Espinacas con garbanzos, Chickpeas & Spinach - whatever you call it, it's good!

As much as I grumble when cool, fall weather initially sets in and my body struggles to adjust to the lower temperatures, there’s one thing I do wholeheartedly welcome about this time of year: warm food. Sure, I enjoy a salad every once in a while, and a good yogurt parfait is none to be trifled with, but in the end, I like my food hot. Autumn and winter give me the only excuse I need to churn out meal after meal of warm deliciousness: a chill in the air. If you’re at all like me, you’re probably gearing up for this kind of cooking, and if so, I have the perfect recipe for you.

If you don’t find yourself getting excited over a dish titled “Chickpeas and Spinach,” call it the much more exotic, traditional name of “Espinacas con garbanzos.” However you refer to it, though, know this: this is easy comfort food at its finest. It’s light in a way that most vegetarian dishes tend to be – that is, it’s certainly filling, but doesn’t leave you feeling physically heavy by the end of it. It also has a very nice heat to it, and this time, I’m talking spices, not temperature. The first time I made it, I brought it to a potluck and didn’t even get a taste of it before it was gone. So, it went onto my “try again” list, and just a month or so ago I gave it a second shot. I don’t recall what foul thing happened the day that I planned to make this for dinner for round 2, but whatever it was, I was in no mood to fuss around. I wanted food – good food, comforting food, hot food – and I wanted it a.s.a.p. Lucky for me, this recipe was wondrously forgiving, and I was able to throw the ingredients in without much measuring at all, and I was, in fact, able to have good, comforting, hot food in front of me in no time at all. (Unlucky for all of us, but mostly for you, said bad mood also meant that I just took a last-minute picture of the dish with my phone, rather than a thought-out picture with an actual camera.)

Espinacas con garbanzos / Chickpeas & Spinach, courtesy of Smitten Kitchen
Yield: 4-6 servings1

The Ingredients
1/2 pound (230 grams) dried chickpeas, cooked until soft and tender2
6 tablespoons olive oil3
1 pound (450 grams) spinach
1-2 slices hearty bread, cubed or pulsed into crumbs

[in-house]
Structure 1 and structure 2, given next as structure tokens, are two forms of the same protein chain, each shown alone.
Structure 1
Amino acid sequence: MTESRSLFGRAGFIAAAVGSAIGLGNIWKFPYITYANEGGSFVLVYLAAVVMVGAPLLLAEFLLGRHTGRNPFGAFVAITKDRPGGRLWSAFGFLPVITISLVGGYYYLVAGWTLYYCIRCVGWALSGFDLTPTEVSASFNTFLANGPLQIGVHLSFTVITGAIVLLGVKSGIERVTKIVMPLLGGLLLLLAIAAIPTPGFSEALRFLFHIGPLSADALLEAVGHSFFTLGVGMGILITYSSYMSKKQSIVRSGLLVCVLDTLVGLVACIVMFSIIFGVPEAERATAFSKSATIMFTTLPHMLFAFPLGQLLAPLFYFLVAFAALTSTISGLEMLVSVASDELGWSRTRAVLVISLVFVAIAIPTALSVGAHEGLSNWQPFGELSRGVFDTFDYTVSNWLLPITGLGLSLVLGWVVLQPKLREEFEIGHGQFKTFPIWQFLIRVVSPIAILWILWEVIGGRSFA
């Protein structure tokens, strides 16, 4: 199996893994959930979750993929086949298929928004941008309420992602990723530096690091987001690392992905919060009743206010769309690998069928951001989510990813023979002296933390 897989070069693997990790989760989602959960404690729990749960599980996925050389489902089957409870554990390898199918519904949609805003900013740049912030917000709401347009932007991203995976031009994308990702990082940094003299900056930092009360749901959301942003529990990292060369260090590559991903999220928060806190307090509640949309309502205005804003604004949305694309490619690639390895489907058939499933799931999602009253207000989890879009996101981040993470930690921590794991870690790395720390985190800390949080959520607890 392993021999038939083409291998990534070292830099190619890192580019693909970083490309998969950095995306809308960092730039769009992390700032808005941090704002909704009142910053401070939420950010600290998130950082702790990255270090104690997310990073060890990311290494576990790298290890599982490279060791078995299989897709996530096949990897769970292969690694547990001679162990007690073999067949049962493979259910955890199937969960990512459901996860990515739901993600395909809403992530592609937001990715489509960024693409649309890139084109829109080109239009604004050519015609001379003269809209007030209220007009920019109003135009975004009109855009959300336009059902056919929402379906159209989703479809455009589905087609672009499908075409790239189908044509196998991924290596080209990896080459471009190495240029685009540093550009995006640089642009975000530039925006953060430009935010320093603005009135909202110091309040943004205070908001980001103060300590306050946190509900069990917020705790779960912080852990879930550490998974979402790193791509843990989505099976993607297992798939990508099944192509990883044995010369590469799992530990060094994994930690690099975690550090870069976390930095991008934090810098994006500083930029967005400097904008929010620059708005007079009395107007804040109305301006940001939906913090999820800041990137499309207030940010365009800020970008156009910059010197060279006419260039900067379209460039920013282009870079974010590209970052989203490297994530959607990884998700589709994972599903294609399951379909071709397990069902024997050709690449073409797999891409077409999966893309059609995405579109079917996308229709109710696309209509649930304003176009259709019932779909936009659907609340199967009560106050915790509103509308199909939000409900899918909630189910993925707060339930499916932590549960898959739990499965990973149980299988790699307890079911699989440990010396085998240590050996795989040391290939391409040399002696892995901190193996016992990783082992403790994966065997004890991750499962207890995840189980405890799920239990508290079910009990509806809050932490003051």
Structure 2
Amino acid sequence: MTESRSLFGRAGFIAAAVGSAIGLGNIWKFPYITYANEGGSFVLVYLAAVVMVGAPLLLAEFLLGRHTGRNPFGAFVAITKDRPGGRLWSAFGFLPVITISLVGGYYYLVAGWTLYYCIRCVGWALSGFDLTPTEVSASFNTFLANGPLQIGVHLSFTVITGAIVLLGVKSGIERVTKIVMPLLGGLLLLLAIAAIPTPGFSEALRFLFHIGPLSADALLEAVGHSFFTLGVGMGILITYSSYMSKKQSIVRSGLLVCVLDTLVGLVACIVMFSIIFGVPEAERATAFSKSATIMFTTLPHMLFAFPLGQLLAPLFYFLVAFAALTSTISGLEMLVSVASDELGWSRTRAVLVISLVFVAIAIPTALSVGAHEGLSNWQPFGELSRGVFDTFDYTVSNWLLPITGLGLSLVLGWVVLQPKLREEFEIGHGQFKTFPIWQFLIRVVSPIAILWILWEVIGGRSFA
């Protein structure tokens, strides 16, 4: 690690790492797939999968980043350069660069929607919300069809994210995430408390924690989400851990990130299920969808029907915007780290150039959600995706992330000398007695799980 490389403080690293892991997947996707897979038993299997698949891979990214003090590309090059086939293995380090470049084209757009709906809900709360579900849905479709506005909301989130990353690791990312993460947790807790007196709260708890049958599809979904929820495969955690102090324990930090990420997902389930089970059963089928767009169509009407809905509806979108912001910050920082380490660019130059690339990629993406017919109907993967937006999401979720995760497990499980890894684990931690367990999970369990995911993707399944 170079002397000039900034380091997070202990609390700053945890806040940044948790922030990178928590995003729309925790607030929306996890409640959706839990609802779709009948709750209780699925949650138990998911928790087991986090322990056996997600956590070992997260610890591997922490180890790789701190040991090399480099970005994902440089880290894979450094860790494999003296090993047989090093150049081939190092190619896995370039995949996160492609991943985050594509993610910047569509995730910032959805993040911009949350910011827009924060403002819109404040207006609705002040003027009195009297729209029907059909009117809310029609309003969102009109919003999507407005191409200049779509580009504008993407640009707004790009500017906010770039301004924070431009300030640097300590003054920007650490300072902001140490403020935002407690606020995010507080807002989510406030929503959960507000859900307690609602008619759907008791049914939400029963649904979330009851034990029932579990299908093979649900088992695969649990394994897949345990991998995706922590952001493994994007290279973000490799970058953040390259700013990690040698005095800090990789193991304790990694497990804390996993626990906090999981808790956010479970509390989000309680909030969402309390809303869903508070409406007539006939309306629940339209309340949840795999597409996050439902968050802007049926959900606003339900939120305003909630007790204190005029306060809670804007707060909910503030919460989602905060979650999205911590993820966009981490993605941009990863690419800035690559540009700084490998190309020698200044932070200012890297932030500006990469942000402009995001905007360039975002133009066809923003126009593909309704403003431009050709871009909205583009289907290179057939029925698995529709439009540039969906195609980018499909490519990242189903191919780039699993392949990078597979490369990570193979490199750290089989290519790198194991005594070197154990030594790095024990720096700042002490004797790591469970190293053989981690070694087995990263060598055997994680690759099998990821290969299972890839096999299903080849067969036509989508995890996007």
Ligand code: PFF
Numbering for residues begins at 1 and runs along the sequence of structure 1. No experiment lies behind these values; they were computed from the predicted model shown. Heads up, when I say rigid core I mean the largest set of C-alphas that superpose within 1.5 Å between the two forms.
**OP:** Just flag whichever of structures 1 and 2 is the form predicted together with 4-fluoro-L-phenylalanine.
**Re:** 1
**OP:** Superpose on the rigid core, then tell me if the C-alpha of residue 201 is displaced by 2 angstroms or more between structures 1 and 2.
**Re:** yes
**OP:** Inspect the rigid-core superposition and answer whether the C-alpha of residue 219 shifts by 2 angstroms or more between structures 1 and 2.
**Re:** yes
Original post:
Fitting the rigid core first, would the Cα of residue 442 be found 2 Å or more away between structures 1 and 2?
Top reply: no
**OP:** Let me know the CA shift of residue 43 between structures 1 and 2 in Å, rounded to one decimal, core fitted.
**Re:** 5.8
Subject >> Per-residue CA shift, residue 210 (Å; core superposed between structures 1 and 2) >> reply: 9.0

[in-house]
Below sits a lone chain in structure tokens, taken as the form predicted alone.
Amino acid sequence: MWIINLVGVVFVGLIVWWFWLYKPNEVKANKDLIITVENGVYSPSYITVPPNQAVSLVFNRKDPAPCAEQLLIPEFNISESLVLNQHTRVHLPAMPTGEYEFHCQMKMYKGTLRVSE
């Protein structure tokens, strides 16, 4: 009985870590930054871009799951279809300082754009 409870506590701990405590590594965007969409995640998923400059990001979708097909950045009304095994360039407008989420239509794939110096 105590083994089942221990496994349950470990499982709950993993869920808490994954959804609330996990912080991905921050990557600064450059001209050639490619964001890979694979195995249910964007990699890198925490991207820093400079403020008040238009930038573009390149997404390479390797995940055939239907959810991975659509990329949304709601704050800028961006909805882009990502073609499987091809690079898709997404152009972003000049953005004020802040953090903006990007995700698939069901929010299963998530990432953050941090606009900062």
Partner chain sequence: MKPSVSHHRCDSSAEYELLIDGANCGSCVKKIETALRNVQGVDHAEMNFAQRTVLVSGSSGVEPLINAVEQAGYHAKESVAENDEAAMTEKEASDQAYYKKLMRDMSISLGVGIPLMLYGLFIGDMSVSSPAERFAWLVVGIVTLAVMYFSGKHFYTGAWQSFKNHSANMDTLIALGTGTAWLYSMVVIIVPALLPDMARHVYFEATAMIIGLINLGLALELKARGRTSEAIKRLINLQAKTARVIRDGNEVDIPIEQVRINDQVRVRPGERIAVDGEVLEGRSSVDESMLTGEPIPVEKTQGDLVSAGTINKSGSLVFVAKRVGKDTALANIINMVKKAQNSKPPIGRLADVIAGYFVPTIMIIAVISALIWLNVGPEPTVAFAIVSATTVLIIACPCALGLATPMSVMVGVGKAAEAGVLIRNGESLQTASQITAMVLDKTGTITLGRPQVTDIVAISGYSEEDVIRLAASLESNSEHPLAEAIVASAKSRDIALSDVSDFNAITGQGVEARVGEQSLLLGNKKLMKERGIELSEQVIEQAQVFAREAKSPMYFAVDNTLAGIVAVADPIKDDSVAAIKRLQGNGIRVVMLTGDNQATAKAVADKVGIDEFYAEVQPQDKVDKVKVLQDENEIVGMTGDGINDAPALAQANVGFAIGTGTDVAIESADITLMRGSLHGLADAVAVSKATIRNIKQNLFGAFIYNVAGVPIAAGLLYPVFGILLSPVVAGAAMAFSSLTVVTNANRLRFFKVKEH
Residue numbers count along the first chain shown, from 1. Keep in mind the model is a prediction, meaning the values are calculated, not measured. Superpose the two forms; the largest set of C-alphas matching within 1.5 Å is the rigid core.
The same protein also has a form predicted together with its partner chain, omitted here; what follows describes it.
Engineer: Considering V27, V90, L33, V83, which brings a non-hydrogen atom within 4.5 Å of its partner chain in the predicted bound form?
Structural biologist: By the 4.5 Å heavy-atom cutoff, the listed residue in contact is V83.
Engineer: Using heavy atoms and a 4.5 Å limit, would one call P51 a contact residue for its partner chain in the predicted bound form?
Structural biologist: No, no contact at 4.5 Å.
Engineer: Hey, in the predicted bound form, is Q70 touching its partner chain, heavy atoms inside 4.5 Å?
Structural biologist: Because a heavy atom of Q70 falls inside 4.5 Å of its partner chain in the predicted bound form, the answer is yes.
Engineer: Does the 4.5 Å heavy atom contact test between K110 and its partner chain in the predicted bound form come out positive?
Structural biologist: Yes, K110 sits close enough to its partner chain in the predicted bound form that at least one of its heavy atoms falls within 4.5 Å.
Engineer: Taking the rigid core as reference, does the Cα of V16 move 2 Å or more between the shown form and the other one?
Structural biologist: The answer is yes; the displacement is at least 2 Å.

1/2 cup (4 ounces) tomato sauce
3 garlic cloves, thinly sliced
1/2 teaspoon ground cumin
pinch of red pepper flakes
1 1/2 tablespoons red wine vinegar
1/2 teaspoon paprika4
freshly ground black pepper, to taste
lemon juice, to taste

The Method
Place half the oil in a large saucepan over medium heat, adding in the spinach once it’s hot. Work in batches, if necessary, and stir well with each addition. Remove the spinach when the leaves have just become tender, and set aside in a colander to drain.

Add 2 more tablespoons of oil to the saucepan, followed by the bread for 5 minutes, until golden brown all over. Finally, mix in the remaining tablespoon of oil with the garlic, cumin, and pepper, cooking for 1 minute or until  the garlic has turned a nutty brown.

If using bread cubes instead of crumbs, transfer the mixture to a food processor, blender, or mortar and pestle, and create a paste by blending in with the red wine vinegar. If using crumbs, however, simply mixing the bread crumbs and vinegar in a bowl is sufficient.

Return the bread paste to the pan and add the drained chickpeas and tomato sauce, stirring until the chickpeas have absorbed the flavors and have heated through. Season with freshly ground black pepper, and adjust for consistency by adding water (to thin) if necessary. Finally, mix in the spinach and cook until it, too, is hot. Remove from the heat, stir in the lemon juice, and serve with paprika on top.

1Depending upon how hungry you are, and if you’re serving this as a main or a side dish.
2I cooked my beans in a slow cooker covered 2-3 inches of water, 3 hours on high. I let them cool in the cooking water pretty much overnight. Check out this article about dried beans and why they're so awesome. If you still haven’t been won over by the ridiculous cheapness and ease of dried beans, though, 2 15-ounce cans will do just fine for this recipe.
3I can’t imagine that I used all of this oil, knowing how stingy and skeptical I am when it comes to greasing a pan. If you’re nervous, use it all – but don’t be afraid to experiment with less, either.
4Use smoked if you have it.


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